Scenario #4: Cox realized that the Braves are in a good spot, no matter what happens, because if they lose out on the division they can still get into the playoffs as the wild card. In that event, it wouldn’t matter if they lost to the Phillies so long as they could handle their remaining schedule. Shuffling the rotation around for the Phillies could preclude their best options from being lined up for the Nats or Marlins.

Personally, the fourth scenario rings the most true to me, with some of the second scenario mixed in. Cox obviously had his hand forced when Jurrjens went down, though the situation wouldn’t have been as dire had he done some shuffling beforehand. The Braves are still in the wild card chase even after being swept by the Phillies, and they go into a pivotal series with the Nationals having Hudson and Lowe ready to go. It’s too easy to retrospectively say they were unlikely to beat the Phillies even with Hudson, but it should feel good for them to emerge from a sweep leading the wild card with their ace on the mound in a crucial game. Ultimately, the jury will be out on this decision until the end of the season, when we know if the Braves make the playoffs, because division title or not, making the playoffs is making the playoffs.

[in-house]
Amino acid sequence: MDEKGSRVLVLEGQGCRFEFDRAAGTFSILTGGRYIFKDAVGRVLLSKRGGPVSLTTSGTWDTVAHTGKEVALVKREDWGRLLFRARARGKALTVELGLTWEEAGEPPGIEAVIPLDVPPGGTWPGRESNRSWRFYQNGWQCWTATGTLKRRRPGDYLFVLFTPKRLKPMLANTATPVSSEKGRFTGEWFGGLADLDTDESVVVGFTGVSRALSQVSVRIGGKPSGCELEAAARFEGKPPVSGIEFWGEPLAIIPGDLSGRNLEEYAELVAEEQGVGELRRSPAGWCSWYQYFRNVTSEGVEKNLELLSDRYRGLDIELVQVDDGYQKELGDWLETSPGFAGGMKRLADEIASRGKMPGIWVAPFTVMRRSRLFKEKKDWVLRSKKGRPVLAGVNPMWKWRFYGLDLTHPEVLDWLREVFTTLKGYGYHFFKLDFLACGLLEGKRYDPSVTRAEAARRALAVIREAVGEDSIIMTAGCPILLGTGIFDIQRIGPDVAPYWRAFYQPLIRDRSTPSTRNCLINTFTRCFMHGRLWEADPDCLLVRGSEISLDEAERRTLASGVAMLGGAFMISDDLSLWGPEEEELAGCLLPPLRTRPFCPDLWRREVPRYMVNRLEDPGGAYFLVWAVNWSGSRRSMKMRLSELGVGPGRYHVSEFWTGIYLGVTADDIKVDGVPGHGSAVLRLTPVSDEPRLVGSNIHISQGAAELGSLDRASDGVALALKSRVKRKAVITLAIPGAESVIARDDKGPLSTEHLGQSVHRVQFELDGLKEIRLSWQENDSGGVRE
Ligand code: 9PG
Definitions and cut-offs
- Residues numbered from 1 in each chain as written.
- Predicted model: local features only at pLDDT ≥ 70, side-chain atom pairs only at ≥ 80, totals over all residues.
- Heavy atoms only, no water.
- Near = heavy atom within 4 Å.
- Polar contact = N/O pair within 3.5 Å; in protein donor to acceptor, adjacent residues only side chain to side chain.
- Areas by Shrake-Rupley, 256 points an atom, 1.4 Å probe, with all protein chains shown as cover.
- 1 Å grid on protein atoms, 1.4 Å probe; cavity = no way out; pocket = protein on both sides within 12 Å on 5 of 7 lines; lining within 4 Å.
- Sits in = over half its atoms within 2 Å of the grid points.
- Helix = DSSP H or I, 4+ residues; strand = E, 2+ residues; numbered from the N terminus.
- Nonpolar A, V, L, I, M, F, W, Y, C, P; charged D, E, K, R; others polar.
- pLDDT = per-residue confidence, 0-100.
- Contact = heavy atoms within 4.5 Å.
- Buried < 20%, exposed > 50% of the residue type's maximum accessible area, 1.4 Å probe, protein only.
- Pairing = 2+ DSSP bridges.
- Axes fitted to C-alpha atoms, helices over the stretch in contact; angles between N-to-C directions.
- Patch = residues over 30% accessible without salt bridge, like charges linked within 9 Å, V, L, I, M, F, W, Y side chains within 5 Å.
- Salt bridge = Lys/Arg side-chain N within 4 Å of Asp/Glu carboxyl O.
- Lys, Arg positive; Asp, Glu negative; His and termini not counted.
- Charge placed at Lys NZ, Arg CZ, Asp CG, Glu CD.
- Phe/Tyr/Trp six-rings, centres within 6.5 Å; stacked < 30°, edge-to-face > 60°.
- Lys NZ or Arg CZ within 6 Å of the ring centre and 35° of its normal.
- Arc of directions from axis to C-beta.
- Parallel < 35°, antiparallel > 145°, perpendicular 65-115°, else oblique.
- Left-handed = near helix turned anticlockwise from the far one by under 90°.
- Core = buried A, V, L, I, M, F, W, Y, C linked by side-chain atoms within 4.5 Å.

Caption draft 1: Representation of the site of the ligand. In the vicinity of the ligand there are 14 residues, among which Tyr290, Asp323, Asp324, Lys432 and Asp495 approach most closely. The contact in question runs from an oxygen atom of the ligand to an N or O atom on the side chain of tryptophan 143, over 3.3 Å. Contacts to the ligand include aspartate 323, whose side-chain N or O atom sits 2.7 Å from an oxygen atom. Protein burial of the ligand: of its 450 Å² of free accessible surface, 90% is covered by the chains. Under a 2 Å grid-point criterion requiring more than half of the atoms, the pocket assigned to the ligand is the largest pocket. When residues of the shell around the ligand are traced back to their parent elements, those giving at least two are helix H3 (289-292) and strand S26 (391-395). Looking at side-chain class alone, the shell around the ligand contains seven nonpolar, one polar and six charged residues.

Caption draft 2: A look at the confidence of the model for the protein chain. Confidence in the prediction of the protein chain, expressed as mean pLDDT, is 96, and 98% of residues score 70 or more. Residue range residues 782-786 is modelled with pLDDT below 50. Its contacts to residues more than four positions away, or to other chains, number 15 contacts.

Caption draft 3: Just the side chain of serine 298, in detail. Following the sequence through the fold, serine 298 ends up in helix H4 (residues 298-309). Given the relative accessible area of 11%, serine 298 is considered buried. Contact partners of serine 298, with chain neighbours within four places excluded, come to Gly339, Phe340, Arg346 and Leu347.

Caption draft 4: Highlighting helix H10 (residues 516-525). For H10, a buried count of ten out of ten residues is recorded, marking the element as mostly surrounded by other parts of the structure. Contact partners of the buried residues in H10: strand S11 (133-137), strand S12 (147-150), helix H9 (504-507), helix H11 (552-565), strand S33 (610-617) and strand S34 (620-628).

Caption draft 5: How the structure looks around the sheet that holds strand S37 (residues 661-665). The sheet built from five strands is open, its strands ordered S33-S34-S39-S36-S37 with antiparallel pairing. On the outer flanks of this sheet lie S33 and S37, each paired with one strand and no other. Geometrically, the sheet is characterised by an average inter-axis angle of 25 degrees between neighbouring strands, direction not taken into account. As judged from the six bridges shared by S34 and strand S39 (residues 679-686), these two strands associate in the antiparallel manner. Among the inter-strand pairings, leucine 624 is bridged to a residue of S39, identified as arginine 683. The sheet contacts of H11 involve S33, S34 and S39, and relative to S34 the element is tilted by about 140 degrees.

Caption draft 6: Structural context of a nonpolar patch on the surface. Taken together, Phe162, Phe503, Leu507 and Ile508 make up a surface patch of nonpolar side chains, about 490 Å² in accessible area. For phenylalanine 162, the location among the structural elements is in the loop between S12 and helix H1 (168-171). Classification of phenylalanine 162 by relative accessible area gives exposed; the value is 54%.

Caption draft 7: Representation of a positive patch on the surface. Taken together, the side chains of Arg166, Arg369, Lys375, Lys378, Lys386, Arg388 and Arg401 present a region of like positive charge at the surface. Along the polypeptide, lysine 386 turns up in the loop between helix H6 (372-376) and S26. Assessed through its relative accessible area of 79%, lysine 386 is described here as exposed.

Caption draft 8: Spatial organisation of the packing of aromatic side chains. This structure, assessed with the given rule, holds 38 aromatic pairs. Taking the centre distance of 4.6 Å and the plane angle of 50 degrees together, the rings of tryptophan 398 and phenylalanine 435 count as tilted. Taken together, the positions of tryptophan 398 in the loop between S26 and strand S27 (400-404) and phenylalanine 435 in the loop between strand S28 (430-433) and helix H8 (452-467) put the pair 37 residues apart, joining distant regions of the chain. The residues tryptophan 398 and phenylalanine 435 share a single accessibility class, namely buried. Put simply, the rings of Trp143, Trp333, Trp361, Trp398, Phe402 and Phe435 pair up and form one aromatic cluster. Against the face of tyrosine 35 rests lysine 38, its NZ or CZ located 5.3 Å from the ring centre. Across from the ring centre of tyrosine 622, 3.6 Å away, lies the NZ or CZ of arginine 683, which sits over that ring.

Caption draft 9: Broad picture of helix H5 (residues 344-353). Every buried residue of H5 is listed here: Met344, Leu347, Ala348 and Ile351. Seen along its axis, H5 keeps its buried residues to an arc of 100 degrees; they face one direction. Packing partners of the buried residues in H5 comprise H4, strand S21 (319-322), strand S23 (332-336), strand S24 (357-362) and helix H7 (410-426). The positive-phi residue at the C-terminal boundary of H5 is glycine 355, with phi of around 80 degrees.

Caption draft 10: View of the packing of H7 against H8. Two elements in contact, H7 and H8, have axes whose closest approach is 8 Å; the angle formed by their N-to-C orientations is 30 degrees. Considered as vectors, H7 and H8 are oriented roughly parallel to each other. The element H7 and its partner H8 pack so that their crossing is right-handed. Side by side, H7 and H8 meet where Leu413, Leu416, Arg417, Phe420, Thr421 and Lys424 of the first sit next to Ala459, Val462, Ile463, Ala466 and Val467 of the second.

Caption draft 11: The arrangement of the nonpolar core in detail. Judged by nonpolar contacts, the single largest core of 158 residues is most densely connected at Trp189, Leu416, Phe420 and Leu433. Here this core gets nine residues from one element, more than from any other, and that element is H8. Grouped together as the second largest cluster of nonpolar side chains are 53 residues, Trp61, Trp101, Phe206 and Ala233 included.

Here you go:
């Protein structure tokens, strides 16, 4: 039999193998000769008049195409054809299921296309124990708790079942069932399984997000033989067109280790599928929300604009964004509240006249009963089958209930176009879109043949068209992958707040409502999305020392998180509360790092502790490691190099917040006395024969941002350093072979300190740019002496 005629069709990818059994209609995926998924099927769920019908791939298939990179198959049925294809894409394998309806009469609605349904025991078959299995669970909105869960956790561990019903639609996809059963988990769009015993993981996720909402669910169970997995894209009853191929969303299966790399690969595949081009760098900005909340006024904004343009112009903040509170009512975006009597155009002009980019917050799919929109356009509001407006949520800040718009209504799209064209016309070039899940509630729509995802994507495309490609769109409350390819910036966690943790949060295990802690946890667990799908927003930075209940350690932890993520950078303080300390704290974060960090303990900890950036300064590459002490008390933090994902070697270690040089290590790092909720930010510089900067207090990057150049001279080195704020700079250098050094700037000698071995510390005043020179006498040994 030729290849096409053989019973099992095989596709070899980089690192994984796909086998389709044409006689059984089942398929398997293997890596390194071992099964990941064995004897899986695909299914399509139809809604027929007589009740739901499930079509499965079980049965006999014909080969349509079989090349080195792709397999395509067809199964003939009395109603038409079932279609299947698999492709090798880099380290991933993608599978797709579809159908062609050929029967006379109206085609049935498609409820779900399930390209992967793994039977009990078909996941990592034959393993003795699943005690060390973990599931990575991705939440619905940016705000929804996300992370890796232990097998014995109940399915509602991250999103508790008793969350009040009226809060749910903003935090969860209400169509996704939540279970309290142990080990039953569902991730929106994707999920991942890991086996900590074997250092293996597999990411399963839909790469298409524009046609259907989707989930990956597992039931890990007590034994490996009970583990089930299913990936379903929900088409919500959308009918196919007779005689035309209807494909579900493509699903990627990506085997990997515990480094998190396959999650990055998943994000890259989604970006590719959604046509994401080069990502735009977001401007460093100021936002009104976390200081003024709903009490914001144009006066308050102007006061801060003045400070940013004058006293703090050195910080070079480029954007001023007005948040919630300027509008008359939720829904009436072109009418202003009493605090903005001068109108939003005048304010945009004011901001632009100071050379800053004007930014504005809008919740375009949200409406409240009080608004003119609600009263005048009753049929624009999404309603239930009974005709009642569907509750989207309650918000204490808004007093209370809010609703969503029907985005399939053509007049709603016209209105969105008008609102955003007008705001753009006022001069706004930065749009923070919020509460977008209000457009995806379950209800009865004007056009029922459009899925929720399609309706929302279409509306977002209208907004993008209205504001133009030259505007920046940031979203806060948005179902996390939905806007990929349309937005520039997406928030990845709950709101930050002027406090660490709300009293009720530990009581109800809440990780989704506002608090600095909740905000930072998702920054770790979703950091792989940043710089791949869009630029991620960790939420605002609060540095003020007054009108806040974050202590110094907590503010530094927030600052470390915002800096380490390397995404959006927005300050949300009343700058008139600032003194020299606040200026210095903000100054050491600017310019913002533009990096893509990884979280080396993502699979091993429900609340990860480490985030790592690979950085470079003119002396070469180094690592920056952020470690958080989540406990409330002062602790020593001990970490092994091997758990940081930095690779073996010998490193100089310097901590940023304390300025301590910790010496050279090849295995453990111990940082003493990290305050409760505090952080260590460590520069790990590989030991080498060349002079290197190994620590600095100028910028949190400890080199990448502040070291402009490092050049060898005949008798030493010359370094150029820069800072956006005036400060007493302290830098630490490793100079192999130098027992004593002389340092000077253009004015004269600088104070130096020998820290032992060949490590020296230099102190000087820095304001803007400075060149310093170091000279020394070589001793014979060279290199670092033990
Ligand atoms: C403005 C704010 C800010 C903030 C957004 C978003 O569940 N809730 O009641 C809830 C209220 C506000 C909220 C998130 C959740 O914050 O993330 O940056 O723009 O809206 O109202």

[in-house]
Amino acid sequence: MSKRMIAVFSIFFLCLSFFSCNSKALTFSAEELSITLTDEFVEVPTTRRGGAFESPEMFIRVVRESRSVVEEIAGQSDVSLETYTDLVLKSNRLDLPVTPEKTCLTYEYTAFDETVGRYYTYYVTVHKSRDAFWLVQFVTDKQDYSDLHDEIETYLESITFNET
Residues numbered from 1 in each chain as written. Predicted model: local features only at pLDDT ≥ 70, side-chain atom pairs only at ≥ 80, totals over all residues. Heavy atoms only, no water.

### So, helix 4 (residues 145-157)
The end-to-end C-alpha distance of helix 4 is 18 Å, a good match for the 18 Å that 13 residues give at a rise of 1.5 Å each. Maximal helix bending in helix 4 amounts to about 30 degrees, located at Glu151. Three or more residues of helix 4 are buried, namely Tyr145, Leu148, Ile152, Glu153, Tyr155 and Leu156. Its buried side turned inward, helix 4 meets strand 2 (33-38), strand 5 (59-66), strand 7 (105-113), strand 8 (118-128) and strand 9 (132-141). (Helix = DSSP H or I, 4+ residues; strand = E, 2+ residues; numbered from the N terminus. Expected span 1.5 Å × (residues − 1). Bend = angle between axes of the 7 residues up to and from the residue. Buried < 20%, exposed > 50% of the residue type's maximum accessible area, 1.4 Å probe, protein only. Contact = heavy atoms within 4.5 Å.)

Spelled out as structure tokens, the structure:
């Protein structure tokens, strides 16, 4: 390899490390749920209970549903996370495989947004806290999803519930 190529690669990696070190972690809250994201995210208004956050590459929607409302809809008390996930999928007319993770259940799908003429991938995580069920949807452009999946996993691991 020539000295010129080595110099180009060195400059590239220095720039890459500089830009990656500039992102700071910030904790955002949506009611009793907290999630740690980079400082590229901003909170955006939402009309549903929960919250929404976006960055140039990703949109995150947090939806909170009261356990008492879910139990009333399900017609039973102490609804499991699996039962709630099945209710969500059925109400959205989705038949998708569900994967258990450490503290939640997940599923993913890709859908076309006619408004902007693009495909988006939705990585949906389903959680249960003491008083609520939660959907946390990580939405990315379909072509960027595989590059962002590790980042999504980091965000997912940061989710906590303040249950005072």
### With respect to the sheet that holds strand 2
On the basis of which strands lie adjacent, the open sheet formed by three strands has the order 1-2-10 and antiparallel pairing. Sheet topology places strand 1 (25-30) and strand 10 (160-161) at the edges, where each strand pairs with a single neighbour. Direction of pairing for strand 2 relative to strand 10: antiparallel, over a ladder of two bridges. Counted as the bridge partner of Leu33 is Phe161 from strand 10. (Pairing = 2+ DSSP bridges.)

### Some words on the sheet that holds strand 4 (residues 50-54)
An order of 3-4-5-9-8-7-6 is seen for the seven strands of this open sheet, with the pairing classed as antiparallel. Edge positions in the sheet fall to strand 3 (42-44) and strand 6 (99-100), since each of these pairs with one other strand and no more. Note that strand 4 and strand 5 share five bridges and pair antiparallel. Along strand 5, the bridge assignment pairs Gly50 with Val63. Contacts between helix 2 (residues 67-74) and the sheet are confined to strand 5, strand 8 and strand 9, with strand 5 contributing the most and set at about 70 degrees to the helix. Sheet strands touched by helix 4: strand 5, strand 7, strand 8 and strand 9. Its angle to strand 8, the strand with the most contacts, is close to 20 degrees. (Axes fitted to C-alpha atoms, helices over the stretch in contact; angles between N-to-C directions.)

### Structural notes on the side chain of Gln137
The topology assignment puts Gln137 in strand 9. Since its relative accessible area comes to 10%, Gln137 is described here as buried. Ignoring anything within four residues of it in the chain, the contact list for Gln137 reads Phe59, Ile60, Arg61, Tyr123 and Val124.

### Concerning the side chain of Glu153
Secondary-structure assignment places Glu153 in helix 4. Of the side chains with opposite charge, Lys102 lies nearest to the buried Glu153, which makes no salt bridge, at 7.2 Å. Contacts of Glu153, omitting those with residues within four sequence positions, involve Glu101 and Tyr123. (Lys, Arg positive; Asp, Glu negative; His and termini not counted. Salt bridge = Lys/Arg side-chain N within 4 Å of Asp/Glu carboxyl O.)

If the Braves fall completely out of the picture, the decision to not use Hudson against the Phillies isn’t going to be the sole explanation, but it is likely to comprise a big chunk of that pie, because it wasn’t as if Philadelphia absolutely dominated the series. Who knows what would’ve happened with a Minor-Hanson-Hudson rotation? Maybe the Braves lose the first one and take the next two, changing the entire picture. Each of the games was winnable, and color me skeptical that Hudson wouldn’t have presented a better shot at shutting down that offense than  Minor or Beachy. The latter rookie didn’t pitch poorly, but he also didn’t last that long or pitch that effectively, either, both of which are uncharacteristic of Hudson.

 So the million-dollar question is: do you think it will ultimately matter? Or will the Braves get in and this will merely be an afterthought?  

Eric Seidman is an author of Baseball Prospectus. 
Click here to see Eric's other articles. You can contact Eric by clicking here

23 comments have been left for this article.